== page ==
In 2021, the Museum decided to explore the economic impacts of collections data in more depth, and commissioned Frontier Economics to undertake modelling, resulting in this project report, now made publicly available in the open-science journal Research Ideas and Outcomes (RIO Journal), and confirming benefits in excess of £2 billion over 30 years. While the methods in this report are relevant to collections globally, this modelling focuses on benefits to the UK, and is intended to support the Museum’s own digitisation work, as well as a current scoping study funded by the Arts & Humanities Research Council about the case for digitising all UK natural science collections as a research infrastructure.

Sharing data from our collections can transform scientific research and help find solutions for nature and from nature. Our digitised collections have helped establish the baseline plant biodiversity in the Amazon, find wheat crops that are more resilient to climate change and support research into potential zoonotic origins of Covid-19. The research that comes from sharing our specimens has immense potential to transform our world and help both people and the planet thrive,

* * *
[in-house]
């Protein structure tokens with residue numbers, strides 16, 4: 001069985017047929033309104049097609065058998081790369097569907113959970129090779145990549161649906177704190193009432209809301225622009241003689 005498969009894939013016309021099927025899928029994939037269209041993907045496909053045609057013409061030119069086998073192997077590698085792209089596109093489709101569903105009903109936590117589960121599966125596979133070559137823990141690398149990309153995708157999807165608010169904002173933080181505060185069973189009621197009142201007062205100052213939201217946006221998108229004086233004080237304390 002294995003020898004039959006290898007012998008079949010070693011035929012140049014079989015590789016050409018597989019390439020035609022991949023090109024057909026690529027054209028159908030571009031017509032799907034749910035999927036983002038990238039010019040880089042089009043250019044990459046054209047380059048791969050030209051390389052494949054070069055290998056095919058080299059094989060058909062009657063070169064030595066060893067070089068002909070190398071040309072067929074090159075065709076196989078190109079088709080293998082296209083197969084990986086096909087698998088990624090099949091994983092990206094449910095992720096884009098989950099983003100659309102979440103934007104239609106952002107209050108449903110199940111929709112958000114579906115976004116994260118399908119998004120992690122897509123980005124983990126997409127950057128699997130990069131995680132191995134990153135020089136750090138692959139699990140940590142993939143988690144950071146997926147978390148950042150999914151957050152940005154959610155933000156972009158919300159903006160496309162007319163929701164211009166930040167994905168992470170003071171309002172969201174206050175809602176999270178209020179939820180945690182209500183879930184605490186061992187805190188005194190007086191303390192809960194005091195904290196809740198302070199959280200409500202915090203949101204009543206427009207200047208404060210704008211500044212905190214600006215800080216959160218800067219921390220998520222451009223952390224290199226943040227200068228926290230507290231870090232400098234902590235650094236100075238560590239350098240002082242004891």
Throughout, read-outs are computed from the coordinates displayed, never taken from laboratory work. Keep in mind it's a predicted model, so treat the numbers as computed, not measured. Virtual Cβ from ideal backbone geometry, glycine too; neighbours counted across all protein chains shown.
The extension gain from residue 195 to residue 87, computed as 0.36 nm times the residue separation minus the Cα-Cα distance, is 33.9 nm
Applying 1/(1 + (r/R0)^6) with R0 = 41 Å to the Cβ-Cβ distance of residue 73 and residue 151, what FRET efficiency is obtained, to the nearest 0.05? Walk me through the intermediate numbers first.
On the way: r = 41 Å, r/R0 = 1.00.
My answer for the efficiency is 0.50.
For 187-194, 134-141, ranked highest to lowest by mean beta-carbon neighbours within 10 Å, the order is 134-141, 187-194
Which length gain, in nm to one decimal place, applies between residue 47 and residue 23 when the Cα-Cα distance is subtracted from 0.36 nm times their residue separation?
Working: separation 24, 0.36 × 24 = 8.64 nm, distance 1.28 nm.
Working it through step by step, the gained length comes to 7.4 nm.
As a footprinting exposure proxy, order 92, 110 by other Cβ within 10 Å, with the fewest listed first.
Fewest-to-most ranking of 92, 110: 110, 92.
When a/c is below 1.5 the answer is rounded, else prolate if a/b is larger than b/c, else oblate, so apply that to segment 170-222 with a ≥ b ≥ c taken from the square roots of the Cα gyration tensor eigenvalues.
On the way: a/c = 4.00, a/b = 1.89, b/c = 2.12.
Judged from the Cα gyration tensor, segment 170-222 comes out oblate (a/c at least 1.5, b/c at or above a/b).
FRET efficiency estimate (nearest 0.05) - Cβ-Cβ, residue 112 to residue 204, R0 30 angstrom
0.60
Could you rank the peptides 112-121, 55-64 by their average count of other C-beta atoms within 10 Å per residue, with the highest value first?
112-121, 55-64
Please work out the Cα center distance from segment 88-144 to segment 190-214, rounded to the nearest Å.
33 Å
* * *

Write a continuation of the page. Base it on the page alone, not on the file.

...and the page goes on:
says Helen Hardy, Science Digital Programme Manager at the Natural History Museum.

How digitisation impacts scientific research?

The data from museum collections accelerates scientific research, which in turn creates benefits for society and the economy across a wide range of sectors. Frontier Economics Ltd have looked at the impact of collections data in five of these sectors: biodiversity conservation, invasive species, medicines discovery, agricultural research and development and mineral exploration.